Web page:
On Tuesday I attended the whole day workshop, called Google Accessibility Update, which was led by T. V. Raman and other at least 15 people from Google, including product managers of their core applications, internal accessibility evangelists and development staff.
I really love Google services - my primary browser is Chrome, I use Gmail both on desktop and mobile, have phone with Android, etc. And I am really glad what enhancements Google did during past two years in a field of their products accessibility. There is of course still what to improve, but the progress is amazing.
Workshop covered all the major Google products and services - Chrome OS, Drive, Docs Suite, Gmail and Android and give us an overview about state of the art in this field.
A lot of work is being put into the Chrome OS to provide additional support for blind users via ChromeVox. The only way to make accessibility better is to simplify it at every level.
Every user has different needs and we need to build a customizable interface that works for everyone.
Chromebooks are cheap, boot in under 8 seconds, hassle- and maintenance-free. Just sign in with Google account. All your stuff is in the cloud. Accessibility is built-into OS at setup; spoken feedback provided via ChromeVox, user can also enable other accessibility features.
Google is now running Chromebook Accessibility Trusted Tester Program for individuals from USA, who will be provided with a Chromebook with the expectation to be active testers. It is a pity that this program isn't also in the Czech republic - I would apply immediately ;-)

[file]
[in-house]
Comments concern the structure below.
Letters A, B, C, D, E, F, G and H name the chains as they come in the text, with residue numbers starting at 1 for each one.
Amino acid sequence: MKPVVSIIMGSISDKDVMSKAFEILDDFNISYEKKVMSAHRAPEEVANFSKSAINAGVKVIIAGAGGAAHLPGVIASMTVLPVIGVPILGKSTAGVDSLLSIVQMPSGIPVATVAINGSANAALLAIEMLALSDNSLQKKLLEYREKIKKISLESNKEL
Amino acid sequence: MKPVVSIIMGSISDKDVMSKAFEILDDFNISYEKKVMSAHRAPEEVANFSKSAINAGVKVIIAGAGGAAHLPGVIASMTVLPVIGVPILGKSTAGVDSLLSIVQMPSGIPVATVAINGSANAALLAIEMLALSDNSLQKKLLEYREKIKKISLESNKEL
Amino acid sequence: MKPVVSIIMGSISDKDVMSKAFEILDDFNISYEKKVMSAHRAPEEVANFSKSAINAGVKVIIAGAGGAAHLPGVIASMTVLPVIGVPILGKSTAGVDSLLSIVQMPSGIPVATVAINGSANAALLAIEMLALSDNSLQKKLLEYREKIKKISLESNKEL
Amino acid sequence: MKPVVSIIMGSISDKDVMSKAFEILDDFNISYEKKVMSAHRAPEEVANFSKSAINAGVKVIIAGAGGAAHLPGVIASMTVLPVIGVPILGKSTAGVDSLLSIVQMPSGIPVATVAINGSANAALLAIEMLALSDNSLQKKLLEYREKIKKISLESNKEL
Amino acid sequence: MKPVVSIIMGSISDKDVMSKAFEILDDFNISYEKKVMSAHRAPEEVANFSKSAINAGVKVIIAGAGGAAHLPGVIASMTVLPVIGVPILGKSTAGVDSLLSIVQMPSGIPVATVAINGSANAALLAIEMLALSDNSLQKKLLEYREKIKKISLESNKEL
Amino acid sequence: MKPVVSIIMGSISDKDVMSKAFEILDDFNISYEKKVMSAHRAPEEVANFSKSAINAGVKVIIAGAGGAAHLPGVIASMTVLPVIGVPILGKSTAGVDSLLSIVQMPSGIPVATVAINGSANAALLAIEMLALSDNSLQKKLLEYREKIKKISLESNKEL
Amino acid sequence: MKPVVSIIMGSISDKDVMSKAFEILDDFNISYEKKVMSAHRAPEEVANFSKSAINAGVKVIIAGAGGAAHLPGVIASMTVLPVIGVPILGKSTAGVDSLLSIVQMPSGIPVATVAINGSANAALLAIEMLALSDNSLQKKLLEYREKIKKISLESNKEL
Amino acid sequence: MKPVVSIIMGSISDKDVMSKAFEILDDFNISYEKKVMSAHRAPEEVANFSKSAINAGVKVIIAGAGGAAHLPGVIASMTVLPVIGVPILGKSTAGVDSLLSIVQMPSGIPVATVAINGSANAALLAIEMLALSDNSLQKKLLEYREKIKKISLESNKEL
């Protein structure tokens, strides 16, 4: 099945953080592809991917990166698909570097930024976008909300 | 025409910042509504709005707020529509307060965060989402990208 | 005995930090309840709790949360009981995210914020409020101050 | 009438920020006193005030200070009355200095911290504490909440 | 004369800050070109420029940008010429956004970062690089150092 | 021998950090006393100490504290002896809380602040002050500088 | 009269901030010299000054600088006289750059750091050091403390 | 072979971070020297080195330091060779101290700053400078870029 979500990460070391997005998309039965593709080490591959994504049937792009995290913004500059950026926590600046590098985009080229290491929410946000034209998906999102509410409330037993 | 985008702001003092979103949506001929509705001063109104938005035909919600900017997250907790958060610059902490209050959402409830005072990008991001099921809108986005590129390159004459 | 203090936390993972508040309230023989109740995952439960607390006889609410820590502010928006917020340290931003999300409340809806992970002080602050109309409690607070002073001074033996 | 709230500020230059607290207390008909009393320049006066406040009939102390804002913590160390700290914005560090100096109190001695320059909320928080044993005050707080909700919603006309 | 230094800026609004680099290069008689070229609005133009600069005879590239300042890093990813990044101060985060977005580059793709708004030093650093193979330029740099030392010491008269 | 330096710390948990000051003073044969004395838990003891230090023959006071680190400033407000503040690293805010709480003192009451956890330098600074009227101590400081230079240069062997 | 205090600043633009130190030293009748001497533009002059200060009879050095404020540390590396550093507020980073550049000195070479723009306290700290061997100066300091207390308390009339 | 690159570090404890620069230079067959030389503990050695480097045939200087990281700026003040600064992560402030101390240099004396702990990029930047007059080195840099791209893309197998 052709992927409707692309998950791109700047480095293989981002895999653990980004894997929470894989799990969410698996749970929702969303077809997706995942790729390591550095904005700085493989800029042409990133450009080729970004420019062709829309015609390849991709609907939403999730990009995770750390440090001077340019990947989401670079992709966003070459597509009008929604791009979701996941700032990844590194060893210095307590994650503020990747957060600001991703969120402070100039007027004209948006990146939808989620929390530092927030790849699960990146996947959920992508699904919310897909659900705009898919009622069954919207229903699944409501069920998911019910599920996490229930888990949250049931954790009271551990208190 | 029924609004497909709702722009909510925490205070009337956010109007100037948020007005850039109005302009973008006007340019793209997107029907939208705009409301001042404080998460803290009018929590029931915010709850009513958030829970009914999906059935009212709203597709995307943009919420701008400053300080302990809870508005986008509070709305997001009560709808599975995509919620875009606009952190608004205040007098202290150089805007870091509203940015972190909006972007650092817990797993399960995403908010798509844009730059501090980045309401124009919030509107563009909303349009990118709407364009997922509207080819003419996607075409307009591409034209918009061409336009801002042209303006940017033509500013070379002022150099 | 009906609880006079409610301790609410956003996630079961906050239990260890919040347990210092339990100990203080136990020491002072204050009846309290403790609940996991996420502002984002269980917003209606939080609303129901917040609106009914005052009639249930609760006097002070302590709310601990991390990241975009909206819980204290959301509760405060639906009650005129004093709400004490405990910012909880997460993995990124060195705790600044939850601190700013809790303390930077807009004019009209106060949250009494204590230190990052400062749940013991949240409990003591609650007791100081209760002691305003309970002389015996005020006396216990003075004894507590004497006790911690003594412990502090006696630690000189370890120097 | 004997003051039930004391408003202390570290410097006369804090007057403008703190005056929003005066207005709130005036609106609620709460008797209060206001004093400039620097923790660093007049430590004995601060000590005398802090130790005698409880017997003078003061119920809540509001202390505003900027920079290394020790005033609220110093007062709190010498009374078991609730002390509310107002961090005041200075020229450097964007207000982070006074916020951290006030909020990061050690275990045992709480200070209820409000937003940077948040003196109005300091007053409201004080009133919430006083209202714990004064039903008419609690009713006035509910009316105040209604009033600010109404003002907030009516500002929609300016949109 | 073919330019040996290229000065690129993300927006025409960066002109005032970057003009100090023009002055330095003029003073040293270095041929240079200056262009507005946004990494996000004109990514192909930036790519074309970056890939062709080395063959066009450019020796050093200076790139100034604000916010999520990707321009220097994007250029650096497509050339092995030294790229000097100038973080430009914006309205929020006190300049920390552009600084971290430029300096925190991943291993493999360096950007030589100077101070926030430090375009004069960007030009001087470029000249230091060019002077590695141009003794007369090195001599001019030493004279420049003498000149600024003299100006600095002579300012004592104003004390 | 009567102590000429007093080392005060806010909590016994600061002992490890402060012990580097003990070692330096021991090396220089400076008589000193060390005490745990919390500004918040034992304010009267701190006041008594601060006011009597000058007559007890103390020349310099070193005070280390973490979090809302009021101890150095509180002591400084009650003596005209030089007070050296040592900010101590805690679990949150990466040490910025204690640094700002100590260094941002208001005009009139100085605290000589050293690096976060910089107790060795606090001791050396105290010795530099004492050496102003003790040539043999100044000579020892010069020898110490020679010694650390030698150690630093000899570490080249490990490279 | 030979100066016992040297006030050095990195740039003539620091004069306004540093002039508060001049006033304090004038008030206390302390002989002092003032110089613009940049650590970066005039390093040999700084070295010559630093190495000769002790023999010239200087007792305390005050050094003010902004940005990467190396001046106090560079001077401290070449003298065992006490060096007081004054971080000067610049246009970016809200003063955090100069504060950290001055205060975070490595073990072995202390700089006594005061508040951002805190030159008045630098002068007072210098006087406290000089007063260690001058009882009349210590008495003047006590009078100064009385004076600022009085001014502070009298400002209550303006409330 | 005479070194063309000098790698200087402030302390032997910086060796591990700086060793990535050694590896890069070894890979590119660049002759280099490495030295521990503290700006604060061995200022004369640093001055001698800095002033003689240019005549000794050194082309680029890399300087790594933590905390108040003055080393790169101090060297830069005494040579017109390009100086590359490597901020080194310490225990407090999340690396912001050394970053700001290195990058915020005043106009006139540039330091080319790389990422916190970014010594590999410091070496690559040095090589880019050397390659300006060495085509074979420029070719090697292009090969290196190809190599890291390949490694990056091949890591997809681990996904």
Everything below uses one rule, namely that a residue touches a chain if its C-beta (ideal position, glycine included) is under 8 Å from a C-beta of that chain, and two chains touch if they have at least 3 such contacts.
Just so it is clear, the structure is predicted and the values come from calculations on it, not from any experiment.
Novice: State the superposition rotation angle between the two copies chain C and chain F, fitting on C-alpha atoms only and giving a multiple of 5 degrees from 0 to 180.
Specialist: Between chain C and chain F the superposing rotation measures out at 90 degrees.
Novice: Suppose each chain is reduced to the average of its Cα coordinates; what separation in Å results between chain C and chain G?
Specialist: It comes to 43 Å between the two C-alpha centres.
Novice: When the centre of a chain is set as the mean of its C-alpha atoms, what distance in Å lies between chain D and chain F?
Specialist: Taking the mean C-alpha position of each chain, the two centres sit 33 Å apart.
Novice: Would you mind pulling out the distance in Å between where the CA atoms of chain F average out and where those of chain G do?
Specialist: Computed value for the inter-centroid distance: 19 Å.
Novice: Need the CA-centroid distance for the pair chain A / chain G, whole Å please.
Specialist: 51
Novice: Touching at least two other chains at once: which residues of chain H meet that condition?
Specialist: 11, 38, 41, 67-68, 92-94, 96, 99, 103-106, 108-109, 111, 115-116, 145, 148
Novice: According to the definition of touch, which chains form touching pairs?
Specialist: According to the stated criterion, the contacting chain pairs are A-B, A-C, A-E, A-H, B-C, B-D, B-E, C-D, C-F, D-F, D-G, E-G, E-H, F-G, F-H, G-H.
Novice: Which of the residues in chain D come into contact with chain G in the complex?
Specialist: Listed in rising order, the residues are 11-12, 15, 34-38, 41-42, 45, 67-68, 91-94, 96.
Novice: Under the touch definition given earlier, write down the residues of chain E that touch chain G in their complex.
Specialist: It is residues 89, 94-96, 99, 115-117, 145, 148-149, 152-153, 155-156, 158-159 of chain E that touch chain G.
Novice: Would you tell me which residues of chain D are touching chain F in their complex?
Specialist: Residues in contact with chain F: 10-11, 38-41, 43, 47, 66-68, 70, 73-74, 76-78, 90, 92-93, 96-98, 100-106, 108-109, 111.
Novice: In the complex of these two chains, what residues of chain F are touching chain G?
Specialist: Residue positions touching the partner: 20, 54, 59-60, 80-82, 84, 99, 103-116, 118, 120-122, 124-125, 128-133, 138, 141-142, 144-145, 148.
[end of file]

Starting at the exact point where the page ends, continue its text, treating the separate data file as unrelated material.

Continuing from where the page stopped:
Gmail was originally designed for sighted users, better support for blind users is a matter of the last few years. Now there is a extensive support for ARIA labelling, new features are tested manually and there are also automated tests for regressions. Nowadays there is a good support for keyboard-only users - you can use arrow keys, N and P keys and Enter to navigate between and within regions.
Drive and Docs Suite accessibility is very closely related to ChromeVox. There are a lot of changes, for example keyboard interaction model in Drive is completely redesigned, focus management is improved or navigation itself is more consistent.
A lot of the keyboard accessibility features and new keyboard model is useful for people without disabilities as well (for example for me ;-)
New Accessibility for Google Apps were announced on this workshop.
Android brings completely unassisted setup, Jelly Bean 4.2 has accessibility shortcut, enabling to toggle TalkBack from anywhere using Power button. There is also a simple screen magnifier as a part of Jelly Bean 4.2 (triple tap to zoom in and interact while panning, triple tap and hold to zoom temporarily). This magnifier unfortunately does not magnify the keyboard.
In general, it is good to know that the best accessiblity experience on Android is with Jelly Bean.
A lot of practical and live demos were given by Google team members during the whole day - for example on Gmail, Google Drive on Android, Slides, Docs editor, etc.
Googlers were also asked a lot of questions. You can read them - together with answers and detailed notes - on Paul Schantz blog.
Big thanks to Raman and his team (also for the T-shirt ;)